What makes you think this statement is true? Being a resident of one of those states mentioned as non-east coast, I feel the need to point out that the coastal regions of east coast states have a unique culture that is very different from the piedmont, foothills, and mountain areas. The eastern N.C. accent is much closer to a New England accent than one of other parts of N.C. The maritime industries, naval and coast guard bases, vacation/tourism industry, and other factors automatically tie each state to the east coast.

Culture aside, I automatically think of coastal states as being east coast before I think of them as Southern...I guess it depends on your point of view - but to say that these states would "never be considered part of the east coast" is a little out there.

goat314
Dec 13, 2007, 4:46 AM
I find myself continually frustrated by the country's conception of the Midwest -- a sort of lumping together of everything between the coastal states that's not southern or bordering Mexico. This is probably due to:

a) the conflation of the terms "Middle America" and Midwestern, and
b) the literal interpretation of "Middle America" as a regional entity rather than a nationwide mentality that transcends state lines.

As a third generation Midwesterner, born and raised in Chicagoland with family ties in Wisconsin and a network of friends at the Big 10, I believe I have a lot of credibility on the issue: What it means to be Midwestern, where the region begins and where it ends.

So it really gets under my skin when I hear, for example, Kansas or Oklahoma put in the same category as Illinois and Minnesota. To me, it's as much a misunderstanding of the term Midwestern as it would be to call South Carolina an East Coast state. Obviously, in both examples, there are geographic similarities (Kansas and Illinois are both interior or "Mid(dle)" states and South Carolina does lie along the eastern seaboard), but the terms carry far more important historical, economic, political and cultural weight; and, in those areas, the similarities dry up.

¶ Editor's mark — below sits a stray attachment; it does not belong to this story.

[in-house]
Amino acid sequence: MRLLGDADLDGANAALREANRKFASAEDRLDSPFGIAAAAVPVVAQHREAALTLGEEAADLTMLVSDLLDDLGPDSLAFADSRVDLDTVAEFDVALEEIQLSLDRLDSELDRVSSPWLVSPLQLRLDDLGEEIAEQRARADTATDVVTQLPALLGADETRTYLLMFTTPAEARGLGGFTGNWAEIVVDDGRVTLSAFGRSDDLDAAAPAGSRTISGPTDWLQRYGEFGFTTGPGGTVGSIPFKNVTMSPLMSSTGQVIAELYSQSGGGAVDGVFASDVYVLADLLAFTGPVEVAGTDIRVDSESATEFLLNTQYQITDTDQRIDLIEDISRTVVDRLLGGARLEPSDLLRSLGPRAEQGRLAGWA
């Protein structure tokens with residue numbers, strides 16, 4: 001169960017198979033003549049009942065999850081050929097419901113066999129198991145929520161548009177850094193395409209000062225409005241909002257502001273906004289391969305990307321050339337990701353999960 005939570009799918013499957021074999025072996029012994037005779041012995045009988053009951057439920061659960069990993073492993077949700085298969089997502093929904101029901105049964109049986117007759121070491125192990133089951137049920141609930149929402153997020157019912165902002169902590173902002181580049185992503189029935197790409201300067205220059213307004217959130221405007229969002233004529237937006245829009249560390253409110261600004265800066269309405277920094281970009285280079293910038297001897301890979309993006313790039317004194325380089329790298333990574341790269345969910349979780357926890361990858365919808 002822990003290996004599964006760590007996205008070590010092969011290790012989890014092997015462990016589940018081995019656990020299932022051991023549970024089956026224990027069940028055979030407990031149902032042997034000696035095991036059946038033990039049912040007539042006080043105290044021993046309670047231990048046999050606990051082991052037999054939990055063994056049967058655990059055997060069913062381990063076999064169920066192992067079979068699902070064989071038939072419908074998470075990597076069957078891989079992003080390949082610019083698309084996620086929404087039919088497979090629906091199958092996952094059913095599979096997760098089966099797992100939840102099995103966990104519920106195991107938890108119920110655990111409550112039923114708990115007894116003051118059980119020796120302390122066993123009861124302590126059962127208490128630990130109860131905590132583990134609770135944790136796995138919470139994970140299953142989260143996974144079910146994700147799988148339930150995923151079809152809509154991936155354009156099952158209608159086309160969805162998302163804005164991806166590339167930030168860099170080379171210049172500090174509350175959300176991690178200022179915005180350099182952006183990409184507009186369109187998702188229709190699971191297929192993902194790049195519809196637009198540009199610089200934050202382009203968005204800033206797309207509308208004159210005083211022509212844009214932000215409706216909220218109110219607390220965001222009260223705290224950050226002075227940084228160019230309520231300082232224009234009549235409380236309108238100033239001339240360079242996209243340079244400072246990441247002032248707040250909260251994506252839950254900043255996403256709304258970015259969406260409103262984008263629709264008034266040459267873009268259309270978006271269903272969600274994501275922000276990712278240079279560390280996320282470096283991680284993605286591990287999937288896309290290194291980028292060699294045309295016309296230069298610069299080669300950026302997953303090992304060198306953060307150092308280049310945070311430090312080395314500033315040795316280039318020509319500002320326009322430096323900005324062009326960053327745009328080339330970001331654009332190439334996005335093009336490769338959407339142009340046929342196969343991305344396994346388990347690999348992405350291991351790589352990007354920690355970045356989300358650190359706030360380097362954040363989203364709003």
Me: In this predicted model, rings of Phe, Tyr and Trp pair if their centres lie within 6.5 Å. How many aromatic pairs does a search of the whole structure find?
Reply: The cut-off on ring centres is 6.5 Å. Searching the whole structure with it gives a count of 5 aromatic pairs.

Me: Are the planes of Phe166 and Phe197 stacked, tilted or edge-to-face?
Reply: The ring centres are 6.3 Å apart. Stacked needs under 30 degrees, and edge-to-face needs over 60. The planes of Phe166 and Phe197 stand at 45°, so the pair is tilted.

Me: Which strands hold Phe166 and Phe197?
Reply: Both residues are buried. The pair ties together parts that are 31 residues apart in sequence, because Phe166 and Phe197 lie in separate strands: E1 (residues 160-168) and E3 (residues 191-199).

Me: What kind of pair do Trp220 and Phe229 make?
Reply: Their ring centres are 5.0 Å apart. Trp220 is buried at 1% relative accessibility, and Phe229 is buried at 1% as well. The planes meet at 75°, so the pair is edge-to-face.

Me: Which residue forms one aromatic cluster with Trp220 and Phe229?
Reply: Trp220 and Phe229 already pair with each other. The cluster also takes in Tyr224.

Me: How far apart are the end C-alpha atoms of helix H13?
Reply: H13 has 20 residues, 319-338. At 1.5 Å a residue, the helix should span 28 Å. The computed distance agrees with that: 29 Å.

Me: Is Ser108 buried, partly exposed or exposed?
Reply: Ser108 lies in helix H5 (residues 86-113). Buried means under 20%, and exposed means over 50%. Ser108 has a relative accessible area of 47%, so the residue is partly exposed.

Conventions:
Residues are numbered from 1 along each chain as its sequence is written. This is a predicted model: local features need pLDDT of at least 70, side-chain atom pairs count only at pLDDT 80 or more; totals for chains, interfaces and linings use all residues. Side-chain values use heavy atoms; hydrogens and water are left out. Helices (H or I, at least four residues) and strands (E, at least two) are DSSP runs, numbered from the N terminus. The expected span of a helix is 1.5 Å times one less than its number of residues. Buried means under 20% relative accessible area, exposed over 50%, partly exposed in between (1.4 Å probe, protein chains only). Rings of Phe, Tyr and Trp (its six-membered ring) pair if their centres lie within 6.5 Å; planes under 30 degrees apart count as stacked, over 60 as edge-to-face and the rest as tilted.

Obviously, state lines are not perfect divisions: Pittsburgh and Buffalo probably have more in common with the Midwest than they do the Northeast but we would rightly be foolish to call New York and Pennsylvania, on the whole, Midwestern. So while there may be regional differences within a state, there is still a dominant statewide culture or attitude. (Thus, New York City might dominate New York state and Chicagoland might dominate Illinois.)

My question is, based on what you perceive to be the dominant attitude of the states that are generally lumped together as Midwestern, and based on what you think it means to be Midwestern, which states [I]actually[I] qualify?